How kids can summer camp more safely this year, according to the CDC

To prevent COVID-19 outbreaks like ones seen last summer, the CDC has released detailed guidelines to help plan

By Nicole Karlis
Published April 26, 2021 10:34PM (UTC)
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Two children with a mask on their face and glasses walking through a campground with a colorful inflatable pool tubes (Getty Images)

Summer camp is a go this year, but thanks to new guidelines by the Centers for Disease Control and Prevention (CDC) the experience will be adjusted. The hope is that these extra precautions with a largely unvaccinated population will prevent outbreaks at summer camps — unlike what happened last year. 

Last summer, an overnight summer camp in Georgia was the center of a major outbreak. On the second day of camp, one camper tested positive for COVID-19 which led to nearly 76% of the 344 campers getting infected with the coronavirus. Staff was required to wear masks, but the campers weren't required to do so. The camp also didn't open windows and doors to increase circulation, and 15 campers occupied the overnight cabins.

To guard against such conditions, on Saturday the CDC released updated guidance for daily and overnight summer camps to limit the spread of the coronavirus. Even though millions of adults are receiving the COVID-19 vaccine each day, currently there are no vaccines available for use in the U.S. for children under the age of 16. According to the updated guidelines, children must stay at least 3 feet apart from each other most of the time at camp, which is aligned with the recommended guidance for schools too. When children are eating and drinking, the CDC recommends children maintain at least 6 feet of distance from each other.

"As feasible, have children and staff eat meals and snacks outdoors or in well-ventilated spaces while maintaining physical distance as much as possible," the CDC explains. "Campers should store masks in a space designated for each child that is separate from others when not being worn (for example, in individual, labeled containers, bags, or cubbies) and put their mask back on when not eating or drinking."

In regards to mask-wearing, the CDC states that all staff, visitors and campers should wear masks with a few exceptions — campers who are younger than the age of two don't have to wear masks. Activities like eating, drinking or swimming, won't require masks either. Most activities are recommended to take place outside, but if the weather doesn't allow it the CDC states that windows and doors should be left open to well-ventilate the space.

"Bringing fresh, outdoor air into your facility helps keep virus particles from concentrating inside," the CDC states. "Open windows and doors when possible, use fans to increase the effectiveness of open windows, and decrease occupancy in areas where outdoor ventilation cannot be increased."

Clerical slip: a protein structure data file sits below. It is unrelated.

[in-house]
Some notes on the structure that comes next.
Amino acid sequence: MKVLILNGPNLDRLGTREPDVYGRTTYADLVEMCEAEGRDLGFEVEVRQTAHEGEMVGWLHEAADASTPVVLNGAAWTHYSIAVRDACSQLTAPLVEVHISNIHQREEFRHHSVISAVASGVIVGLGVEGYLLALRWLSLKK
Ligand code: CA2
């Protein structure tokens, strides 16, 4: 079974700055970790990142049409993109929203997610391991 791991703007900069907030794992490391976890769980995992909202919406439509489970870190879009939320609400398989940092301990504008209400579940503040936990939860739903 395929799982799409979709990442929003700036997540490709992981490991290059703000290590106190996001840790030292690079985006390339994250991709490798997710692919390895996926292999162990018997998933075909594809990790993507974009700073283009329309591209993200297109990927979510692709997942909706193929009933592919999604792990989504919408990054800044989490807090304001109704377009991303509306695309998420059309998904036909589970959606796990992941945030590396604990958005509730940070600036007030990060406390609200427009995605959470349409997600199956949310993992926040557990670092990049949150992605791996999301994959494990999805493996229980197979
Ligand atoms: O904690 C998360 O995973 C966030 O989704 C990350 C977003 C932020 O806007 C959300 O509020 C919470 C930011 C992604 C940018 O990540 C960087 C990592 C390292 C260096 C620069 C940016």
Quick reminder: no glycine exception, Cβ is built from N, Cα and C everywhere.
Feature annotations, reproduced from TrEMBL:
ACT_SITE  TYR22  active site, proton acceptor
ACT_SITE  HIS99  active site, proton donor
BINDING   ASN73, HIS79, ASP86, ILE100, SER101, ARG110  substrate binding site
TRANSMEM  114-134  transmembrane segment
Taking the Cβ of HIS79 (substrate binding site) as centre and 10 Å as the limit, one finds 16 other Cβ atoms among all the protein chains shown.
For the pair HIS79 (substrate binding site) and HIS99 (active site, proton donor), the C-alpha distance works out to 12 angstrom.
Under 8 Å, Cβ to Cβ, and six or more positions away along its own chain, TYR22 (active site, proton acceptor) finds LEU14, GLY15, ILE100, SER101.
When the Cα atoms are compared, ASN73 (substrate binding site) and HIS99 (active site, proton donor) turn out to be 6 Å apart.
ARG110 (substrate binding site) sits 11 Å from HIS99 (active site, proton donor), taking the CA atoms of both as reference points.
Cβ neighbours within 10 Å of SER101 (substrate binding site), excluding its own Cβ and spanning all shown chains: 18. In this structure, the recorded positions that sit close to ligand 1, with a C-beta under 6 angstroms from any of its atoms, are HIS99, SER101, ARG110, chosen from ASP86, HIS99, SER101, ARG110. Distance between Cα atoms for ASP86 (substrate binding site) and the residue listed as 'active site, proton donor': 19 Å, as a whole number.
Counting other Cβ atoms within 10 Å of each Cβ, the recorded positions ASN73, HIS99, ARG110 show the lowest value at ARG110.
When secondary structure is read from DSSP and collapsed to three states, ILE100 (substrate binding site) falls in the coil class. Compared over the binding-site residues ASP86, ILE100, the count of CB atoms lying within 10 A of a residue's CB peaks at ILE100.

The CDC provided additional guidance for overnight camps, specifically recommending unvaccinated campers and staff members to quarantine for two weeks before camp begins, which means maintaining a physical distancing, wearing a mask and refraining from indoor social gatherings with people outside of their household. The CDC also recommends asking staff and campers who aren't fully vaccinated to provide proof of a negative COVID-19 test taken no more than 3 days before arrival.


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"Campers and staff should be screened for COVID-19 symptoms, as well as a known recent close contact with a confirmed COVID case, when entering the camp (or before boarding camp transportation)," the CDC states. "Upon arrival at camp, campers should be assigned to cohorts that will remain together for the entire camp session without mixing with other campers and staff in close contact circumstances."

This summer, the CDC is recommended that campers who bunk together in a cabin act as if they are a pod or "household cohort." Together, they don't have to wear a mask and keep their distance. But when interacting with other campers, they should always wear a mask to keep a distance.

Upon their return home, campers and staff who are not fully vaccinated should get a COVID-19 test within three to five days after returning, and self-quarantine for one week.

As far as vaccinations are concerned for teens and school-aged children, they most likely won't be available until after this summer. As Salon previously reported, teens will likely be able to get the vaccine this fall. Elementary-aged children likely won't be eligible for vaccinations until the beginning of 2022. As far as how vaccinations will change summer camp in 2022, that remains unclear. 


Nicole Karlis

Nicole Karlis is a staff writer at Salon. Tweet her @nicolekarlis.

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Brief Cdc Covid-19 Summer Camp